- the amount of washing you will have to do and the amount of time you will spend washing and sterilising bottles!
- if you breastfeed – the amount of time you’ll spend with your baby attached to your boob. You could spend an hour or more feeding and the second you put them down, they will cry for more! This is the perfect excuse to grab all your favourite snacks, stay in bed and binge watch your favourite shows!
- how hard breastfeeding is!!! I’ll save this topic for another post because I have so much to say.
- the visitors – you will find so many people will want to come round and visit your new baby when all you want to do is sleep and keep them all to yourself. DON’T be afraid to say no – I wish I had because I was so overwhelmed and I overdid it too soon.
- day 3 – ladies, good luck and to the boyfriends/husbands/fiancée’s/partners.. I wish you even more luck. I did nothing but cry. Over nothing. Ryan only had to look at me and I cried. The hormones are unreal.
- the post-partrum depression. Again, I will leave this for another post – there’s a lot to say.
- all those ‘friends’ that were all over you when you announced your pregnancy and can’t wait to meet the baby when it arrives – nowhere to be seen.
- the lack of sleep or in my case – NO sleep! It wasn’t even that Freddie wasn’t sleeping or settling, he did. I just couldn’t sleep because I was too worried about him and found myself staring at him, constantly. Or, I’d finally drop off to sleep and he’d begin to cry for whatever reason. Let me tell you one thing.. men are rubbish during the night. Once they are asleep – they are ASLEEP and nothing will wake them. Freddie could be screaming right next to Ryan’s ear and he would not even flinch! I could hit him, shout at him, take the cover off him – nothing!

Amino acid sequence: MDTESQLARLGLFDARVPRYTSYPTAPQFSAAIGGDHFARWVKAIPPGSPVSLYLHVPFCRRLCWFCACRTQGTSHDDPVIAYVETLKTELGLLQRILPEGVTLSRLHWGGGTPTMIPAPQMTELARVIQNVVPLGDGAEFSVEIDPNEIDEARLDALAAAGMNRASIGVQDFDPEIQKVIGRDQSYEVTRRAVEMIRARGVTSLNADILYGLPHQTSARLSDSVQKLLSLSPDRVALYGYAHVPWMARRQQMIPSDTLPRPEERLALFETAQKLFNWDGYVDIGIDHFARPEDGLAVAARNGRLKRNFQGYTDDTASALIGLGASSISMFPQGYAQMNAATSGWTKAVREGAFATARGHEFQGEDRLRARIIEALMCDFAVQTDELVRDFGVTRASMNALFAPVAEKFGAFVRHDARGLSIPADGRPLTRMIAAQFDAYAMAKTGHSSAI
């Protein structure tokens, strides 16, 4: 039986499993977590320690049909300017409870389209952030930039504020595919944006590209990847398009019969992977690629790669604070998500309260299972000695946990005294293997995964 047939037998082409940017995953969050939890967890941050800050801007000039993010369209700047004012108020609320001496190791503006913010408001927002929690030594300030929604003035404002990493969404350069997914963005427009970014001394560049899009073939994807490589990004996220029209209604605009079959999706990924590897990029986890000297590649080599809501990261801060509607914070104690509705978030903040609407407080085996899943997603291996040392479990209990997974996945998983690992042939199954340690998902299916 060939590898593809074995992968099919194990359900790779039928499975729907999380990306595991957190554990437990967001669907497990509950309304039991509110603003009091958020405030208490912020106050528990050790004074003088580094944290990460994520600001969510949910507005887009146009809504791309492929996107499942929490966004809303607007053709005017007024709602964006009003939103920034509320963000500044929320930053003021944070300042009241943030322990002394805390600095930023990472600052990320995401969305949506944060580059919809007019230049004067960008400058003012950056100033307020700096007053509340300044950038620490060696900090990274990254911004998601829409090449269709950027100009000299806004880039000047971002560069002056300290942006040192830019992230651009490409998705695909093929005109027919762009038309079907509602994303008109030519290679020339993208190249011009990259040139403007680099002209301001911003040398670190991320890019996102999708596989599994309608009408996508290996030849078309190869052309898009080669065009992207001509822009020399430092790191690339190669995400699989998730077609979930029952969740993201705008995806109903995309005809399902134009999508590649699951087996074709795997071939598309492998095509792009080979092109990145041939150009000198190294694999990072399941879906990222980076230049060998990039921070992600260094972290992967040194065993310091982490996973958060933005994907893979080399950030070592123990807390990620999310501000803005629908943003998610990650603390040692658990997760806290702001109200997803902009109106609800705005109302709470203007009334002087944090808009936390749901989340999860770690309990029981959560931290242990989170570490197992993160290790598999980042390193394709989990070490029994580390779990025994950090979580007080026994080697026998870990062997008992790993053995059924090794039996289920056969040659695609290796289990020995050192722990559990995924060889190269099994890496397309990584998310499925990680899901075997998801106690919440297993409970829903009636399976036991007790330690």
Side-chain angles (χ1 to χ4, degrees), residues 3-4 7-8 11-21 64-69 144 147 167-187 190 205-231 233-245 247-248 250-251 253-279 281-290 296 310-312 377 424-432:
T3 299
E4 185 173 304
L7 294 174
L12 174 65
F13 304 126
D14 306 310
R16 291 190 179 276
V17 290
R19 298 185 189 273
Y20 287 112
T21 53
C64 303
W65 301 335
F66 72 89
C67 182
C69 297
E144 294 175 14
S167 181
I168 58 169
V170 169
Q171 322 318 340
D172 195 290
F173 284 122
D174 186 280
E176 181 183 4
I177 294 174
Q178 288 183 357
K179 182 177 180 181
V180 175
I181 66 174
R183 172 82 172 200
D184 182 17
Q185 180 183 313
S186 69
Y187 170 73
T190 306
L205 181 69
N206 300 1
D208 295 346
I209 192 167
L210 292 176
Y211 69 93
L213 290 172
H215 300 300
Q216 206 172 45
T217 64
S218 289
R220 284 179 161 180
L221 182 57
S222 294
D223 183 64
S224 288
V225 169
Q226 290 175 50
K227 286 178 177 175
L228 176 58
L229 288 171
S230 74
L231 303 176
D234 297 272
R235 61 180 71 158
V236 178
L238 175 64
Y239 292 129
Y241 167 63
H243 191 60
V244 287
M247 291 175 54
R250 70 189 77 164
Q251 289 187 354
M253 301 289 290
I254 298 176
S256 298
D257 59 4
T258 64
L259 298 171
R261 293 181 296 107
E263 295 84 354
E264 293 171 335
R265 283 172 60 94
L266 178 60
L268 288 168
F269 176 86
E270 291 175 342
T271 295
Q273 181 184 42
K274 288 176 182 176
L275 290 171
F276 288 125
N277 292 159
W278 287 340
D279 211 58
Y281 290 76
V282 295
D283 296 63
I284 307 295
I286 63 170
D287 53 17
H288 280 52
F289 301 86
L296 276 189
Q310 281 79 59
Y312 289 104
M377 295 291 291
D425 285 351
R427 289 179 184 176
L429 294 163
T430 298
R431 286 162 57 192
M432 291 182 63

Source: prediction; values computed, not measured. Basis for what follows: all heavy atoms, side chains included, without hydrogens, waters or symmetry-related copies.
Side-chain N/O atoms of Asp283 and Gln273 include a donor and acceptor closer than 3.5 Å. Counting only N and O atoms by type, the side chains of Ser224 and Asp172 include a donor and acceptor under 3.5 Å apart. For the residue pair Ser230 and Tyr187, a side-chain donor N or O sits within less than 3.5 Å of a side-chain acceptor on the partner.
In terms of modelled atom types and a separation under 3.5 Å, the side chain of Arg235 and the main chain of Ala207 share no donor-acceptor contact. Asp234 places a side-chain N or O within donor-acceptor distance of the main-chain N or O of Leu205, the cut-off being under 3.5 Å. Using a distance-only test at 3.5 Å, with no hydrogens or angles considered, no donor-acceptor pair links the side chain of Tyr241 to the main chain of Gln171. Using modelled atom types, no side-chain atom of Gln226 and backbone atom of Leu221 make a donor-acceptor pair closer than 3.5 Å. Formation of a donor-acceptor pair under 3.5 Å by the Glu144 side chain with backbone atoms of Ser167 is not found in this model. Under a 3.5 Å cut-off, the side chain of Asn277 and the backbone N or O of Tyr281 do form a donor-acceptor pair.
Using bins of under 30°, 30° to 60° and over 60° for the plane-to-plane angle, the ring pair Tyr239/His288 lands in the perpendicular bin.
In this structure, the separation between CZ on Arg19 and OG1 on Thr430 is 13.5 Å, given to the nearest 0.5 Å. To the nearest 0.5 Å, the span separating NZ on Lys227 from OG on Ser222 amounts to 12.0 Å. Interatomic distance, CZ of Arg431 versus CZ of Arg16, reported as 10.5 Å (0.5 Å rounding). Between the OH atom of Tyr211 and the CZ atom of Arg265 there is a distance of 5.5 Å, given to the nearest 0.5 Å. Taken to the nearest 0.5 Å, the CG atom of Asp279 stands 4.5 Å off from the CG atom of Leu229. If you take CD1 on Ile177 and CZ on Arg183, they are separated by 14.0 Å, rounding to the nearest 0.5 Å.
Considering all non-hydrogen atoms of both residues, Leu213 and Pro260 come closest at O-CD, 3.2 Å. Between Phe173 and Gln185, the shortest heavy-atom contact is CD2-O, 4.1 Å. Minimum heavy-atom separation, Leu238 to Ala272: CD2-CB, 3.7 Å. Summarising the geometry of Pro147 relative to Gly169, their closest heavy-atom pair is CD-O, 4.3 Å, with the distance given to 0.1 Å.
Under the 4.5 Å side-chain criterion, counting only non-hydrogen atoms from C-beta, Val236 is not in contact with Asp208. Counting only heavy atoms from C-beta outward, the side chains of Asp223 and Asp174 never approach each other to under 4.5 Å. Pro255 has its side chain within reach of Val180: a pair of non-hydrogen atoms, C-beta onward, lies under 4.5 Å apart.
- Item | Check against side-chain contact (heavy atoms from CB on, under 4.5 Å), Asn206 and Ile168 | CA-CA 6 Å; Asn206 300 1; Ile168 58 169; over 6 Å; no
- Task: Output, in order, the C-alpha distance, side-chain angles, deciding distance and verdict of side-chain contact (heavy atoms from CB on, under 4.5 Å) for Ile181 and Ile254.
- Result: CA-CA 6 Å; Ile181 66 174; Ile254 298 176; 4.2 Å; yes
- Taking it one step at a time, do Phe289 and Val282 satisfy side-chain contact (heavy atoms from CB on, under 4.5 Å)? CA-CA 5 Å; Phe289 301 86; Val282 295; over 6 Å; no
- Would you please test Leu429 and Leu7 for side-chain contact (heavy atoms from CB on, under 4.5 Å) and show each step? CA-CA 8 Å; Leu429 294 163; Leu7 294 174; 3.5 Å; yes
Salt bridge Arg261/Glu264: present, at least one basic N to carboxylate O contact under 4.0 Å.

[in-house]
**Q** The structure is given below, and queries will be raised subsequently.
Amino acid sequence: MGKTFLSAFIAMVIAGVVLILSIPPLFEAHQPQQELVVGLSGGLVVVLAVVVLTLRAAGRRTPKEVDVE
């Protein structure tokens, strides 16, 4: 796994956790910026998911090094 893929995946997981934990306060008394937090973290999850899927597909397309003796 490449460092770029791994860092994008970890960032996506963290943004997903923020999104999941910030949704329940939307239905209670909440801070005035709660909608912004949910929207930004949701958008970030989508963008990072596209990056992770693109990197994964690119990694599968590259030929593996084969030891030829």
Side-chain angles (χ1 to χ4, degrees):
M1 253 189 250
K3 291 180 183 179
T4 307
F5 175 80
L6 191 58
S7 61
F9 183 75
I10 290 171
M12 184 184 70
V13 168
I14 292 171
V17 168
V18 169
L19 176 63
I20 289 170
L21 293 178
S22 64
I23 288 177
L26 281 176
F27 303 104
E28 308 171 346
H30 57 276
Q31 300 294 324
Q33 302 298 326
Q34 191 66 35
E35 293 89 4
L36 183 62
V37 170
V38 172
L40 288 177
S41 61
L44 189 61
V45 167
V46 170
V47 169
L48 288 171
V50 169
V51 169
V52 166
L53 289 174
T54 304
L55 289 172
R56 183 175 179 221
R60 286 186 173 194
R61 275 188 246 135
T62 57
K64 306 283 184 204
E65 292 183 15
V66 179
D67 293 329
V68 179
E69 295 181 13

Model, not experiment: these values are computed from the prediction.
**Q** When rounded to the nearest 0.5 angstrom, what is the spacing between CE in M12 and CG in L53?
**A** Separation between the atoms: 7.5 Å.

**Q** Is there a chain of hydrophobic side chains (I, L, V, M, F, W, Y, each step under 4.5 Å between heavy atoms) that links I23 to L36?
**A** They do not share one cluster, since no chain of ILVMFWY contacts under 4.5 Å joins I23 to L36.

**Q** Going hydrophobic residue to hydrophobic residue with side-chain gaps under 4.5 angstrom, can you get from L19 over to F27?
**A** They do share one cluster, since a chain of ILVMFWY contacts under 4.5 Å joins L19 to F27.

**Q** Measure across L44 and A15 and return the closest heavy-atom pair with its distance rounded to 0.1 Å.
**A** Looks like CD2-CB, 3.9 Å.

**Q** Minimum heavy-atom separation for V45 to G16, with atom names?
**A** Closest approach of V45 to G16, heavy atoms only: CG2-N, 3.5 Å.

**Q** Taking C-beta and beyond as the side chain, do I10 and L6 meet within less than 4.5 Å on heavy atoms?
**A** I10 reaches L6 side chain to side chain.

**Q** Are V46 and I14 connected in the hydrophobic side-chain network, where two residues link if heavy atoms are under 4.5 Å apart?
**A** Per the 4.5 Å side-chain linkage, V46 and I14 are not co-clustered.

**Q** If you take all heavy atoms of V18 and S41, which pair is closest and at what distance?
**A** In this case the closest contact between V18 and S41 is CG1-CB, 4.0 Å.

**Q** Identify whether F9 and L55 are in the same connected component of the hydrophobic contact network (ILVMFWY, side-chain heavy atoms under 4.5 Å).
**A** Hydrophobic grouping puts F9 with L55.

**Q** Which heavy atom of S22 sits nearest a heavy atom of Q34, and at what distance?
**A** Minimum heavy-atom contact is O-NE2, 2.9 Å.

- the afterpains of birth – everything hurts, even things you wouldn’t think possible.
Regardless to all of these things that you cannot prepare for and certainly challenge you, the one thing you really cannot prepare for is the unconditional love you’re overcome with once your baby is put into your arms. Within seconds of Freddie being placed into my arms and onto my chest, I had fallen in love all over again and the love is getting stronger every day. Just when I think I can’t love Freddie anymore than I already do.. I find myself even more in love with him than before. You’ll hear the phrases “there’s no love, like the love you have for your children.” or, “you don’t know what love is until you become a mum.” quite a lot when you’re pregnant and you won’t think them to be true. They are. I’ve never known a love like this.
You may spend most of your day covered in sick, poo, saliva, snot, your own breastmilk, food and much more, you may want to pull your hair out by 10am, you may want to sit in a corner and cry, you may feel like you’re failing, you may never get 5 minutes to yourself again, you may not be able to go to the toilet alone, you may not get to eat your dinner whilst it’s hot again, you may not do a lot of things again – however much your life changes after you’ve had your baby – I promise you, you will not change it for the world or want it any other way.
Being a mum is the hardest, but the best, most rewarding job. Ever!